For the last few decades, considerable attention has been paid to the methodology of mainstream economics. It is not mere chance that economics is surrounded by methodological debates. If its relevance is at stake, this can be either refuted or proven most efﬁ ciently at a methodological level. Arguments for and against mainstream economics underline the methodological homogeneity of mainstream economics, while serious, though almost neglected, arguments can be found for a view according to which the long history of mainstream economics can be described as a sequence of methodological breaks. I argue, ﬁ rstly, for a sharp demarcation by new classical macroeconomics from the Friedmanian instrumentalism and, secondly, for the realism of new classicals. I strive to identify the epistemological principles underlying Lucas’ models and to highlight the signs of that demarcation as well. I concentrate on the techniques by which new classicals could set their models into an indirect relationship with reality. It is also highlighted that the common terminology, according to which the assumptions of abstract economic models are uniformly regarded as “unrealistic”, actually refers to two different techniques. From these approaches, there is only one which can be justiﬁ ably labelled as realist.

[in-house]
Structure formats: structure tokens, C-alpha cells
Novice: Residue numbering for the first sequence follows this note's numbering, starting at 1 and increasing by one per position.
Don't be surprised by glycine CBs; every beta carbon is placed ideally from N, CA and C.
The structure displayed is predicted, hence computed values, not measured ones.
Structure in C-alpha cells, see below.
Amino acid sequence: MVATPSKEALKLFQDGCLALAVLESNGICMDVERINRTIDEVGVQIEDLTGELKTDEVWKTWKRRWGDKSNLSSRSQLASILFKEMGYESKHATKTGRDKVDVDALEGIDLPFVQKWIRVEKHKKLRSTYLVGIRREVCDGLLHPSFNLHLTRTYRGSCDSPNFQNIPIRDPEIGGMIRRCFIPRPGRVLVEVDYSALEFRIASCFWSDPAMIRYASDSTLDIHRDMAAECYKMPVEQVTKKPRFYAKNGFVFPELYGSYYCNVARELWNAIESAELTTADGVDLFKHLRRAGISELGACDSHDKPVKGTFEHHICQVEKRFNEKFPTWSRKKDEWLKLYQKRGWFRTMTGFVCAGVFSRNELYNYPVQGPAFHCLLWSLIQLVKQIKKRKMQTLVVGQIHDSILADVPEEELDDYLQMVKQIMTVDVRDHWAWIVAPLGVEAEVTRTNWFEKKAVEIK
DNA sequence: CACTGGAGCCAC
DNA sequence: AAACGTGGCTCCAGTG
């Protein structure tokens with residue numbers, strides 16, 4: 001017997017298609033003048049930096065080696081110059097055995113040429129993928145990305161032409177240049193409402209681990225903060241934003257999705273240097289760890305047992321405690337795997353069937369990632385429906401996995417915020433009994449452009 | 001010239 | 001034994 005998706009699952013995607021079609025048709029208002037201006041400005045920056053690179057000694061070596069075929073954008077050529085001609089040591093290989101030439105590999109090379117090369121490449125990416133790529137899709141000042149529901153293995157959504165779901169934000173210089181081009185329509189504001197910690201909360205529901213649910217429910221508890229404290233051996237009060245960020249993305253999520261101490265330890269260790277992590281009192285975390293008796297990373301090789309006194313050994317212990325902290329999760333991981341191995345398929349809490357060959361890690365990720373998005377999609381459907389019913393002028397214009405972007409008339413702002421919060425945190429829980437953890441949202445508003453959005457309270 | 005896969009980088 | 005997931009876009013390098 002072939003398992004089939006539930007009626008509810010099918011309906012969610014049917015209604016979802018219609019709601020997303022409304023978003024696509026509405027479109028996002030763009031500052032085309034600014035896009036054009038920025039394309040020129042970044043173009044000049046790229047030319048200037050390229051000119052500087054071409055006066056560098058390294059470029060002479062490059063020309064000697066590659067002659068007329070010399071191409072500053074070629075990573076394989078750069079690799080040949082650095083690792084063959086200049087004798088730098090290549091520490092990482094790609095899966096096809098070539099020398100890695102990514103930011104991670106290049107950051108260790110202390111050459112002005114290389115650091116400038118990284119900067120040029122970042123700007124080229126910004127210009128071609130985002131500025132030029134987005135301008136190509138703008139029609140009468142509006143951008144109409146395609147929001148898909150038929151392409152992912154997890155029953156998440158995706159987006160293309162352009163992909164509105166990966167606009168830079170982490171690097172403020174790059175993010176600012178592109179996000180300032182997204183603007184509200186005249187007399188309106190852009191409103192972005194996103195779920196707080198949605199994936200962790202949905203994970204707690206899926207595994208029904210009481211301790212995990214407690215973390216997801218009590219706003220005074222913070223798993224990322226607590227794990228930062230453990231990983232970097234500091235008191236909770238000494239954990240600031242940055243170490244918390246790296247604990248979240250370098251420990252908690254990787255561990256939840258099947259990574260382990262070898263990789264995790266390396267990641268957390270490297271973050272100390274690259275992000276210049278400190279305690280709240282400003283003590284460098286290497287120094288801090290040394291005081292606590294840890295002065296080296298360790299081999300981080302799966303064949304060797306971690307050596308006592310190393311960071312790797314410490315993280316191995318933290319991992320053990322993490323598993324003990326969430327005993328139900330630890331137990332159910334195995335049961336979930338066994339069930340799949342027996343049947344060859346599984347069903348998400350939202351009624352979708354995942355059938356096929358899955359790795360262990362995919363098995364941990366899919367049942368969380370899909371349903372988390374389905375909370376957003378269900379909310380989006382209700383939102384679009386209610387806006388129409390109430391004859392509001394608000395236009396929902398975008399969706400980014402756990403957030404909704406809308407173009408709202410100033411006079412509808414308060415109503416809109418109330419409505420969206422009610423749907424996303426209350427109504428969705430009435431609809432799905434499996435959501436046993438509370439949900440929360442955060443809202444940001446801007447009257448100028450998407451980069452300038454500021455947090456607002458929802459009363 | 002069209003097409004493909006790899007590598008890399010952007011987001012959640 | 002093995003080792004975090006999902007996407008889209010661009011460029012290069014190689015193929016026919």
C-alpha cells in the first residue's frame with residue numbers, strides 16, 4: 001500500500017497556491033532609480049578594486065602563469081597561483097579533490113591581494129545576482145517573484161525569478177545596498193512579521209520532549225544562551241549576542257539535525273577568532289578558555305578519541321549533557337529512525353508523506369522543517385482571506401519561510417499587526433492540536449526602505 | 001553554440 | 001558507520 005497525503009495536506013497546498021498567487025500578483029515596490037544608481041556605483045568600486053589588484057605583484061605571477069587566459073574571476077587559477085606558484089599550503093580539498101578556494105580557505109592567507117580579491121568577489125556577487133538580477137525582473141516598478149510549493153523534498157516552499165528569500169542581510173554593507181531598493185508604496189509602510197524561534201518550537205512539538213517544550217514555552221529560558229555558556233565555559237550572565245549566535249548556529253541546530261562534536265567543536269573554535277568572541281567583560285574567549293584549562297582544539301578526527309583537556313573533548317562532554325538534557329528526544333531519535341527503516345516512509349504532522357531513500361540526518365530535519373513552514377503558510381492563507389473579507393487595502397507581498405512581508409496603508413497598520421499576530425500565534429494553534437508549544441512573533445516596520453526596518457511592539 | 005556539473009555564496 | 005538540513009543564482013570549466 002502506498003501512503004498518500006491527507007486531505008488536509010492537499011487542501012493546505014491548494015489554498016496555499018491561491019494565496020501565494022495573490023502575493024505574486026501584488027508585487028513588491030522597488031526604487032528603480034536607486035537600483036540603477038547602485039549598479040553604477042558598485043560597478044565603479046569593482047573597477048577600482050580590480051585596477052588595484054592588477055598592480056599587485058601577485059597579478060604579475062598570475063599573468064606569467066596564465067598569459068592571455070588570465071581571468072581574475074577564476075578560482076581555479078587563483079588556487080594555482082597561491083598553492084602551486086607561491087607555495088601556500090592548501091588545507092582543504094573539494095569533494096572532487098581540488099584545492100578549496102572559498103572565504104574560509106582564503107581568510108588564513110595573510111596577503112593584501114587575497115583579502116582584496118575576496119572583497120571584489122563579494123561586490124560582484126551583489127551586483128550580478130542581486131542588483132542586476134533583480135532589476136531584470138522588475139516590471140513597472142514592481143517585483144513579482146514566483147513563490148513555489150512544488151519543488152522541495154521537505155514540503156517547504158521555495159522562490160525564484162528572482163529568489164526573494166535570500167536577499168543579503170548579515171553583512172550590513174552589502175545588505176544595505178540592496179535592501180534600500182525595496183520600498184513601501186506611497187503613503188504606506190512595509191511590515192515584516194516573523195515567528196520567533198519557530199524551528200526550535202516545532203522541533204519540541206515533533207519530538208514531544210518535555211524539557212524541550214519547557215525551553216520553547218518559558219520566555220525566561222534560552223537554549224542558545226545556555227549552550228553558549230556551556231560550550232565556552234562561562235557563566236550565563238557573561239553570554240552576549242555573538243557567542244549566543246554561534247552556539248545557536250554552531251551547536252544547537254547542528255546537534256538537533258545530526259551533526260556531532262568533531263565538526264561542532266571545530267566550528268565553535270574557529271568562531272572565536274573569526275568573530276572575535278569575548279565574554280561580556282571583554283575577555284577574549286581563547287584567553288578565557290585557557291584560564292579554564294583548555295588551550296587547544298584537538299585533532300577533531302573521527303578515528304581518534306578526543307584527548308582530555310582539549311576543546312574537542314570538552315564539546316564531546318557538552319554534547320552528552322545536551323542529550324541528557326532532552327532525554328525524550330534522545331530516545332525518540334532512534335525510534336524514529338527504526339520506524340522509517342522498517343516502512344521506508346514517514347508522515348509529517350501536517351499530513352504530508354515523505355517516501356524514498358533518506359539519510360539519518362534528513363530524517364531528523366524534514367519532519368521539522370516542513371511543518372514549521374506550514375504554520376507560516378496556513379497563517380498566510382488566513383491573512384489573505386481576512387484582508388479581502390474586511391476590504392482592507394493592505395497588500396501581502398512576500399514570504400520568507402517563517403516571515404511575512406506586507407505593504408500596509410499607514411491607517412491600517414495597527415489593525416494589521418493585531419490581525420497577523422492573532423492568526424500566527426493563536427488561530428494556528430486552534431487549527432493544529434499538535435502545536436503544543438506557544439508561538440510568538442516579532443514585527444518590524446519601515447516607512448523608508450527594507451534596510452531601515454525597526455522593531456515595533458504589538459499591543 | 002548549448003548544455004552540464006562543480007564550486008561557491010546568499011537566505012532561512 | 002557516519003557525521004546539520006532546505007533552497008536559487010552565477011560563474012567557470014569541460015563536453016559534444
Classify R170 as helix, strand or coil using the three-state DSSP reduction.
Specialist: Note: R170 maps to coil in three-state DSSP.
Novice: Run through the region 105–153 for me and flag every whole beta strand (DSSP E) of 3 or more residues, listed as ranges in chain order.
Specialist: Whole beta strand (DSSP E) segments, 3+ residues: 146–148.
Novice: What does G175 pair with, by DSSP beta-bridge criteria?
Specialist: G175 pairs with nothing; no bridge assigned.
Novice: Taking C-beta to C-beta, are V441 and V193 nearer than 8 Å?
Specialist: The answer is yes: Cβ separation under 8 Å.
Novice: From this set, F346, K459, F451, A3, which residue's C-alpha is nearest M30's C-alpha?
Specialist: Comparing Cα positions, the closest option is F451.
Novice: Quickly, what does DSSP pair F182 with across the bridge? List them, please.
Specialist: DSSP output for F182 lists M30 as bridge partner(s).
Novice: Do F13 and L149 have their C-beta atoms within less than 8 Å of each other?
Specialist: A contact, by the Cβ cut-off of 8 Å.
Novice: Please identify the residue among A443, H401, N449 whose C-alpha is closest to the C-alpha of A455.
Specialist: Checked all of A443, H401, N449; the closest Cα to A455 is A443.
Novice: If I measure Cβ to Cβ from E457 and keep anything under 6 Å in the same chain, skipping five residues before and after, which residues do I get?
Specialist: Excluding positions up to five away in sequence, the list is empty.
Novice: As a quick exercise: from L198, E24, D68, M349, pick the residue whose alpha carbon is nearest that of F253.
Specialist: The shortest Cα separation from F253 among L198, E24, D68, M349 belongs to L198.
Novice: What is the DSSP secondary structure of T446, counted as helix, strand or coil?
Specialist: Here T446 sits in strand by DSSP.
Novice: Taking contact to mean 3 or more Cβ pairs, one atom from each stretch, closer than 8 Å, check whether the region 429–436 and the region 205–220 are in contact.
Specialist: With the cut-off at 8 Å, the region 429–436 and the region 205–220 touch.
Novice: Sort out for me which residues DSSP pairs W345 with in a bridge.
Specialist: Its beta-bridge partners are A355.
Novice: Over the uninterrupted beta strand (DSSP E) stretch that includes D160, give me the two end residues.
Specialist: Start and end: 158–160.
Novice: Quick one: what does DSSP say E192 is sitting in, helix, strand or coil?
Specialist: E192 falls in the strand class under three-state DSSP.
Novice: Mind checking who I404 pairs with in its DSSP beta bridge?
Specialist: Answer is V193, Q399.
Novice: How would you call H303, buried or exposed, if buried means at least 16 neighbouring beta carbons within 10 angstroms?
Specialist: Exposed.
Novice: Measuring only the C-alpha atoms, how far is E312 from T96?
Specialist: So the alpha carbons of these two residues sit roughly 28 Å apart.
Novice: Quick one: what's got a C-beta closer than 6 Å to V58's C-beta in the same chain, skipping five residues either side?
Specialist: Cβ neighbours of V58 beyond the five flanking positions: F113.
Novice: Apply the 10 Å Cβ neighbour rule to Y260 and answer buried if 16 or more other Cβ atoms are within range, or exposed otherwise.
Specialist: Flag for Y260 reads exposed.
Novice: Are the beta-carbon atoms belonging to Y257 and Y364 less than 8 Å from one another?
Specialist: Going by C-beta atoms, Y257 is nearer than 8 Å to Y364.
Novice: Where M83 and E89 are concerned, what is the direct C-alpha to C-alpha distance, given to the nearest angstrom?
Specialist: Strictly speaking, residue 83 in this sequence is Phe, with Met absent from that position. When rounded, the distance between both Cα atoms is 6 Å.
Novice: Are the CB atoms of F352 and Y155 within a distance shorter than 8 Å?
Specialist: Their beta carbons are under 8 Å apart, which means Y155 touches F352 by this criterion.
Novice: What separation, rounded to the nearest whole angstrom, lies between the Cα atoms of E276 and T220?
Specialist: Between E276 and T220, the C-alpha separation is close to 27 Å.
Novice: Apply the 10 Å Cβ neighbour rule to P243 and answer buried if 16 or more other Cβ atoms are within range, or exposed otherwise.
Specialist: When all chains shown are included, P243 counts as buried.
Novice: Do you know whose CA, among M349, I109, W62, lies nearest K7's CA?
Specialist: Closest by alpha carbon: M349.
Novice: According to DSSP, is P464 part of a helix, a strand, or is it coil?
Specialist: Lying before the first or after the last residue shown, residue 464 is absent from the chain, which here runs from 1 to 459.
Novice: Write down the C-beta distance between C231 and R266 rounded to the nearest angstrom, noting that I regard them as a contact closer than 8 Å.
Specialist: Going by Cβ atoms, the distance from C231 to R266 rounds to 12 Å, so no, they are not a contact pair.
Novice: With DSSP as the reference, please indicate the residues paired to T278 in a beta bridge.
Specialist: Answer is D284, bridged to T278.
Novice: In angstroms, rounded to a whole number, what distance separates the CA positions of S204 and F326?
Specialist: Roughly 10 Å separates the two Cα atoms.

Keywords: new classical macroeconomics, unrealistic assumptions, instrumentalism, realism, empirical observations
JEL classiﬁcation indices: B13, B22, B23, B41
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